Enough Said!
Our First Racing Trophy
Even if we didn't finish!

See you on the water!




Tuesday, June 4, 2019

Broken Window Latch

Look what fell off the window?


 This is the Forward Beckson Portlight in the Aft Cabin.
The lower right latch fell off! The insert that attaches the latch to the screw (seen hanging down) broke in two.

Good news is that Beckson is still in business.





The broken latch.

Buddies on the C34 forum pointed out that they were still available from Beckson

Just $15 on line. purchased two of them, if one has broken, probability of other following after 30 years is pretty high.







Found them by searching for: Beckson PRK-W Latch Only

Easy fix.

See you on the water.


Monday, May 27, 2019

AIS Upgrade

Upgrading our AIS from Receiver to Transceiver

We installed our Garmin AIS 300 two years ago and it's been a great asset during our local cruising trips. It alerted us to potential collision situations with some fast moving fishing boats, lux yachts, in all kinds of conditions. Well worth the investment and the effort. The installation simply required a new NMEA 2000 Drop cable to connect to the NMEA 2000 Backbone, a power connection from a spare Circuit Breaker and rerouting the VHF Antenna Cable from the Radio to the AIS and adding a new VHF cable from the AIS to the Radio as the Garmin AIS had a built in VHF Splitter. It really was a quick install.

We're planning on extending our cruising venues and decided that it's worth the extra boat buck to add an AIS transceiver, all we needed to do was determine which manufacture to use and spend the bucks.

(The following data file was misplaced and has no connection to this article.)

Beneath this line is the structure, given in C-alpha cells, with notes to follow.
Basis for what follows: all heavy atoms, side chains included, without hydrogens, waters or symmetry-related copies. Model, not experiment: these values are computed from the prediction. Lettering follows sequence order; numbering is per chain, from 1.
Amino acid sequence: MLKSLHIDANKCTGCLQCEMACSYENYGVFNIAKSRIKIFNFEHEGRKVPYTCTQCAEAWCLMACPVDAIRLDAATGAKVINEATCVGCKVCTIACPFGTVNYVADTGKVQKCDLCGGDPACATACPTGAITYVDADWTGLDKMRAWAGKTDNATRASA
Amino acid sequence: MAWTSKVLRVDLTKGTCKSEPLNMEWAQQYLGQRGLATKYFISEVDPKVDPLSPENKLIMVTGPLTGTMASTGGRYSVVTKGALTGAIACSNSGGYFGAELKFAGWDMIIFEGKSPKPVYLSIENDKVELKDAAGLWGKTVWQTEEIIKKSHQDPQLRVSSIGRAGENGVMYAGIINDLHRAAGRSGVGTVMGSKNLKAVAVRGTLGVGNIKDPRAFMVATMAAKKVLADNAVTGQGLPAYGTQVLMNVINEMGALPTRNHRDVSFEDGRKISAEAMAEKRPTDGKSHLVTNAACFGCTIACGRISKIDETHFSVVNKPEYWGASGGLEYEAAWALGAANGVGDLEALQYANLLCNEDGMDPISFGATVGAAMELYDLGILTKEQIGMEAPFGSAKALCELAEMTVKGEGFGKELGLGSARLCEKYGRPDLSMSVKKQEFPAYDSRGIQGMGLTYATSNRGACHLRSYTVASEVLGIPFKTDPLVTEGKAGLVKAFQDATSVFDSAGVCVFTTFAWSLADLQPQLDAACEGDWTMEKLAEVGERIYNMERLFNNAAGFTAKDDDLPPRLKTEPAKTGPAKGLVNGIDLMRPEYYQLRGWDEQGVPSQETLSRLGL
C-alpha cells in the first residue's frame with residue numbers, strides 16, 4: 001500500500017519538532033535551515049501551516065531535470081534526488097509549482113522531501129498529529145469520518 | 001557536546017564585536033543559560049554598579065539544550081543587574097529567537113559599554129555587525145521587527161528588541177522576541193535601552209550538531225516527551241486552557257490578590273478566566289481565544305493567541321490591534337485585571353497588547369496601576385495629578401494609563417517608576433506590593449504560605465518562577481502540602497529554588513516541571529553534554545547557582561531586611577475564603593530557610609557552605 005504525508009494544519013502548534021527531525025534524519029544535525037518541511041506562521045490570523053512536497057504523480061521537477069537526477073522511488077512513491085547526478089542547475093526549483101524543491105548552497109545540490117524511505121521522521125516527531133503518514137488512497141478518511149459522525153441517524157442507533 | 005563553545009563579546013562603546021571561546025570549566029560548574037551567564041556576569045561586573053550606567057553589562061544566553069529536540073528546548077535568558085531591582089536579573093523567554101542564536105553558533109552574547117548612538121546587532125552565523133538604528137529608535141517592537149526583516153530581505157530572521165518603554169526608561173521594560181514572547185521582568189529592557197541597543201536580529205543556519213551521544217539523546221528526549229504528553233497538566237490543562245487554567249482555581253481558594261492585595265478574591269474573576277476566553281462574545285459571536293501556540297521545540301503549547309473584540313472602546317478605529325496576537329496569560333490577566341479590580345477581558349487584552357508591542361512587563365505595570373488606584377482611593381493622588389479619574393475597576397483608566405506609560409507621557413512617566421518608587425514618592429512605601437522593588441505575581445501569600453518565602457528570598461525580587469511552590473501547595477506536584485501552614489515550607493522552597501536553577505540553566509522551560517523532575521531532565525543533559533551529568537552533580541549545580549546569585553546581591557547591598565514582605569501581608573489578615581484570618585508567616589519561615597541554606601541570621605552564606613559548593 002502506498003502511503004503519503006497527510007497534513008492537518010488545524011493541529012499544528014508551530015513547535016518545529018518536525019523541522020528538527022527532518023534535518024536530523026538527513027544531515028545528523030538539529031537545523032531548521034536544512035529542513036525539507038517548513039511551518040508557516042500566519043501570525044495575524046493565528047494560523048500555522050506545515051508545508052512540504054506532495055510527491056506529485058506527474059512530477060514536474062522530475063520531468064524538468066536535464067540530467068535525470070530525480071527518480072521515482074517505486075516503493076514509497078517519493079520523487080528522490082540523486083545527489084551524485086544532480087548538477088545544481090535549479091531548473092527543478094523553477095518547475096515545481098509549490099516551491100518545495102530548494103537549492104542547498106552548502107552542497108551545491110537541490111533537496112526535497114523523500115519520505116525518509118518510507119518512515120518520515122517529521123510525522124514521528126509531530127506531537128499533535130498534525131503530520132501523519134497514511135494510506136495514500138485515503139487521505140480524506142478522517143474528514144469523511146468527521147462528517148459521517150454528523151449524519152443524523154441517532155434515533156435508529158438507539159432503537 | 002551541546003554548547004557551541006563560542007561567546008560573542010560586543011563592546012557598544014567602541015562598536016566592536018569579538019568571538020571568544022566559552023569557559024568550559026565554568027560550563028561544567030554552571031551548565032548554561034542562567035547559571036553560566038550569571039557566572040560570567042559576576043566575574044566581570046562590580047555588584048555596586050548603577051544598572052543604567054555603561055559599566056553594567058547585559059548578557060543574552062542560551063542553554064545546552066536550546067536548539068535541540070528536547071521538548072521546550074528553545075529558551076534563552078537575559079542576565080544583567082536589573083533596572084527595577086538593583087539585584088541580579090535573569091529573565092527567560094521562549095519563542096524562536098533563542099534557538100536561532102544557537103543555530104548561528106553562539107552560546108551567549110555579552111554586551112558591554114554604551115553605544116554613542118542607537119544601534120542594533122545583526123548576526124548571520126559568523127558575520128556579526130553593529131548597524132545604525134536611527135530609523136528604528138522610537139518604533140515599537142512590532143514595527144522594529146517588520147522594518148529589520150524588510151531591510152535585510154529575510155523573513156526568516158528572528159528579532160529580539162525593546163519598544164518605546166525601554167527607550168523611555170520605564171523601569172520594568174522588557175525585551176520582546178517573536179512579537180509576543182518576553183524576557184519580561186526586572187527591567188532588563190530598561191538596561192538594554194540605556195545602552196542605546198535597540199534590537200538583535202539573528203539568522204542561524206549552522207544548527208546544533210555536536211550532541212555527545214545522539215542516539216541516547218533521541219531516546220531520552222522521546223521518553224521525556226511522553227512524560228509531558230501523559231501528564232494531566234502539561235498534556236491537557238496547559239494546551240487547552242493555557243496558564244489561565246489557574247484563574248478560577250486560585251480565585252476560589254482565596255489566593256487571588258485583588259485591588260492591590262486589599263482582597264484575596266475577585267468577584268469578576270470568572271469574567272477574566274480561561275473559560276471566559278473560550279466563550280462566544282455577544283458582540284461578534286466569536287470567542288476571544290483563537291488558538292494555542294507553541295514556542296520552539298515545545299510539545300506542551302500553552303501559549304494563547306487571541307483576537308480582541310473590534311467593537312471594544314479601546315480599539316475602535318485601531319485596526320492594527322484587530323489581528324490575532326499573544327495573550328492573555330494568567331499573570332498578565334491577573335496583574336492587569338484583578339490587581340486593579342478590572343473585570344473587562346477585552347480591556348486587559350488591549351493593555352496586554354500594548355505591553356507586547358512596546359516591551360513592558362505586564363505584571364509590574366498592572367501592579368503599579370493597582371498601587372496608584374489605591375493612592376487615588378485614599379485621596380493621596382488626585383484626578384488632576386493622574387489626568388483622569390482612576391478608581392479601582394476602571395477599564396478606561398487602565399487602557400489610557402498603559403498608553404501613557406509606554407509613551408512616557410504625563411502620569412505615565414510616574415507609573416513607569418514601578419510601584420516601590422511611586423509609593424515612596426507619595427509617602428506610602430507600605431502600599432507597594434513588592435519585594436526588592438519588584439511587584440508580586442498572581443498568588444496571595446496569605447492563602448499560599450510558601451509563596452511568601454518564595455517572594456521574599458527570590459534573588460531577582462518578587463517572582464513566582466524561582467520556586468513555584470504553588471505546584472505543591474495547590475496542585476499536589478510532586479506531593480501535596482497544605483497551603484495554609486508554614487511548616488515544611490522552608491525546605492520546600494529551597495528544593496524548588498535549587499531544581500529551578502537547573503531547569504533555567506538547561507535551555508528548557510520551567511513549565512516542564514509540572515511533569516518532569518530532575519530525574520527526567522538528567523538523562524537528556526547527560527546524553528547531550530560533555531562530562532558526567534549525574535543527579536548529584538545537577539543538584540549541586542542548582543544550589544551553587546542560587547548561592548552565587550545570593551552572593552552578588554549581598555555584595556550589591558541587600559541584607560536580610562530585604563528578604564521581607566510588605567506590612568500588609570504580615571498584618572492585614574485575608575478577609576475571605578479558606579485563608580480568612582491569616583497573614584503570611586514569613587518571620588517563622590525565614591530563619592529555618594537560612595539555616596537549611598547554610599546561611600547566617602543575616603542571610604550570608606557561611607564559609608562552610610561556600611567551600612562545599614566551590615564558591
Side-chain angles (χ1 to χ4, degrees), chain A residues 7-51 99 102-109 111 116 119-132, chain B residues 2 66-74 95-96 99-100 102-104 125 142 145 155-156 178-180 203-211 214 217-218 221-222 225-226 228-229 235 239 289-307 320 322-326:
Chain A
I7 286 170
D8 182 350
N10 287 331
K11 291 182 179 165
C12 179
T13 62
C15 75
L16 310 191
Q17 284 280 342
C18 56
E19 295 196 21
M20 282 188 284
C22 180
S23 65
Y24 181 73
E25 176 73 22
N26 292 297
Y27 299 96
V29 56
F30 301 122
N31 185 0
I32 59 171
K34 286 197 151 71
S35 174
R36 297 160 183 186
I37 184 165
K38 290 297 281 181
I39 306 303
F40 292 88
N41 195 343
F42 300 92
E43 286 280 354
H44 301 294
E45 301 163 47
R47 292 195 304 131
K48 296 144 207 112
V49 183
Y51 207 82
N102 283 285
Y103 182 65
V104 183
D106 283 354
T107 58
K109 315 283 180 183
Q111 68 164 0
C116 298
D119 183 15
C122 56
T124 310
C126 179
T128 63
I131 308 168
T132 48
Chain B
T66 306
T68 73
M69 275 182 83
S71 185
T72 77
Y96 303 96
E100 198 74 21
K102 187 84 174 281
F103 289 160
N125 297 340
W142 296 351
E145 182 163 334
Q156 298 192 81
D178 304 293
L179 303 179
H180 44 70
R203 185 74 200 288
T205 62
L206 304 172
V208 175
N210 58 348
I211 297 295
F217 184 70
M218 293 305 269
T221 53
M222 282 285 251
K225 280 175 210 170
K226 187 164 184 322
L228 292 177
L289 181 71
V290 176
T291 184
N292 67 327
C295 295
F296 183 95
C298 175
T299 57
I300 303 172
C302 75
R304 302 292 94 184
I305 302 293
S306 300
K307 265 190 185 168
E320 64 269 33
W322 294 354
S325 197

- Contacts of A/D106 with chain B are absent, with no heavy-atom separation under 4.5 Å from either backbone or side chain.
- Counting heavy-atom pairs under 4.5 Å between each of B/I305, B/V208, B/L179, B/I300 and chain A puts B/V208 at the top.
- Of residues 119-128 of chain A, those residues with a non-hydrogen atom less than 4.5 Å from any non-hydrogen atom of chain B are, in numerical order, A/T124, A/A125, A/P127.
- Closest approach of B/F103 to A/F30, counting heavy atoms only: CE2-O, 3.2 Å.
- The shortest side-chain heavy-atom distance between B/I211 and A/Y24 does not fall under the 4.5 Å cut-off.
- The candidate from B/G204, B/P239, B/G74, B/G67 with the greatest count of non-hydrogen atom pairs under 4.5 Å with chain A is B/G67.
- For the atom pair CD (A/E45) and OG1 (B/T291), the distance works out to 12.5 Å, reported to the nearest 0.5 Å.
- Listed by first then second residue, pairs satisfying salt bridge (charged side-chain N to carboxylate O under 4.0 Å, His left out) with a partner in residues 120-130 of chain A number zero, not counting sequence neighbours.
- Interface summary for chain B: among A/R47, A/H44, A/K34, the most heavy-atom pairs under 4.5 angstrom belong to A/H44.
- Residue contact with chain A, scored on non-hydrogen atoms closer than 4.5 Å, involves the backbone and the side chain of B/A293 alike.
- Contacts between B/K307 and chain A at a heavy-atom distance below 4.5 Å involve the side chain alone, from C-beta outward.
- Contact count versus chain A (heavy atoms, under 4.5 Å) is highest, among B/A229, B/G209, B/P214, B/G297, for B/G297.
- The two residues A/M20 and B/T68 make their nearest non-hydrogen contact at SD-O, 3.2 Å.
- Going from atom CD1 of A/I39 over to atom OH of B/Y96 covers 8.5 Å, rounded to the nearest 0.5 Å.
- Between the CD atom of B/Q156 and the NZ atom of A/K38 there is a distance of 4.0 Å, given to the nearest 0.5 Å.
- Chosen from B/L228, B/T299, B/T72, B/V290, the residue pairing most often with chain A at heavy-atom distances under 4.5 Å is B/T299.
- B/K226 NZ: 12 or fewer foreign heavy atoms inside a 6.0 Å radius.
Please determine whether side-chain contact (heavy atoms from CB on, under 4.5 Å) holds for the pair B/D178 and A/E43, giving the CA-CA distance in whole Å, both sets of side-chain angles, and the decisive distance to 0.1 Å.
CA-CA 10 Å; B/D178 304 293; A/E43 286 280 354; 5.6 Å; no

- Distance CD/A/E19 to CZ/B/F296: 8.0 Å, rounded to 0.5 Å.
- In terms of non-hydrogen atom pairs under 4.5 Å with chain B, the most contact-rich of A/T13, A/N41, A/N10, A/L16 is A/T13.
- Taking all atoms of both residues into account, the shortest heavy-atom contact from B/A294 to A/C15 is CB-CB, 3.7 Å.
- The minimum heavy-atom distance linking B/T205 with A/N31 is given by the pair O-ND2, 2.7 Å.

Garmin was our first choice, their AIS 800 Class B Transceiver was a drop in! It cost $999.99 and was not available, basically it was on back order for the USA according to Garmin support. 

We looked at Vector and a couple of others, all similar price and all required an external VHF splitter, which was basically the deciding factor. 

Our choice was the ET-413-0086 em-trak B350 Class B SOTDMA AIS Transponder and the ET-413-0060 em-trak S300 AIS/VHF Antenna Splitter.



Installation was a breeze, all done in less than 30 minutes - most of that time taken up on deciding where to install it and drilling the holes for the Transceiver and Splitter. 

The final result is aesthetically pleasing

But the system improvement is amazing. The reception is much better, not sure why, but the ASI display on our Garmin 741SX GPSMap is impressive.

Removing the Garmin AIS was easy, 4 screws, and cables. The replacement did require changing the VHF antenna connection as it previously went to the AIS, now it goes to the new Splitter. And the Splitter requires power, but I simply connected it's power cable to the power cable for the Transceiver. So now when the AIS circuit breaker is on, power is available to both the Transceiver and the Splitter.

I'm wondering if the improved reception is due to the routing of the VHF antenna. Previously it was routed from the Antenna - to a VHF / FM/AM take off and then to the Garmin AIS receive and then to the VHF Radio.
The new routing is Antenna - Splitter - AIS and Splitter - VHF / FM/AM take off then to the radio.

The new unit has a USB connection to the AIS transceiver, but we have not checked that out yet. It requires the Software that came with the Transciever to be installed on a Windows PC (laptop) Shame they don't make it available for Android!

Now we'll see you on the water, and, if you receive AIS, you'll see us on your Chart Plotter.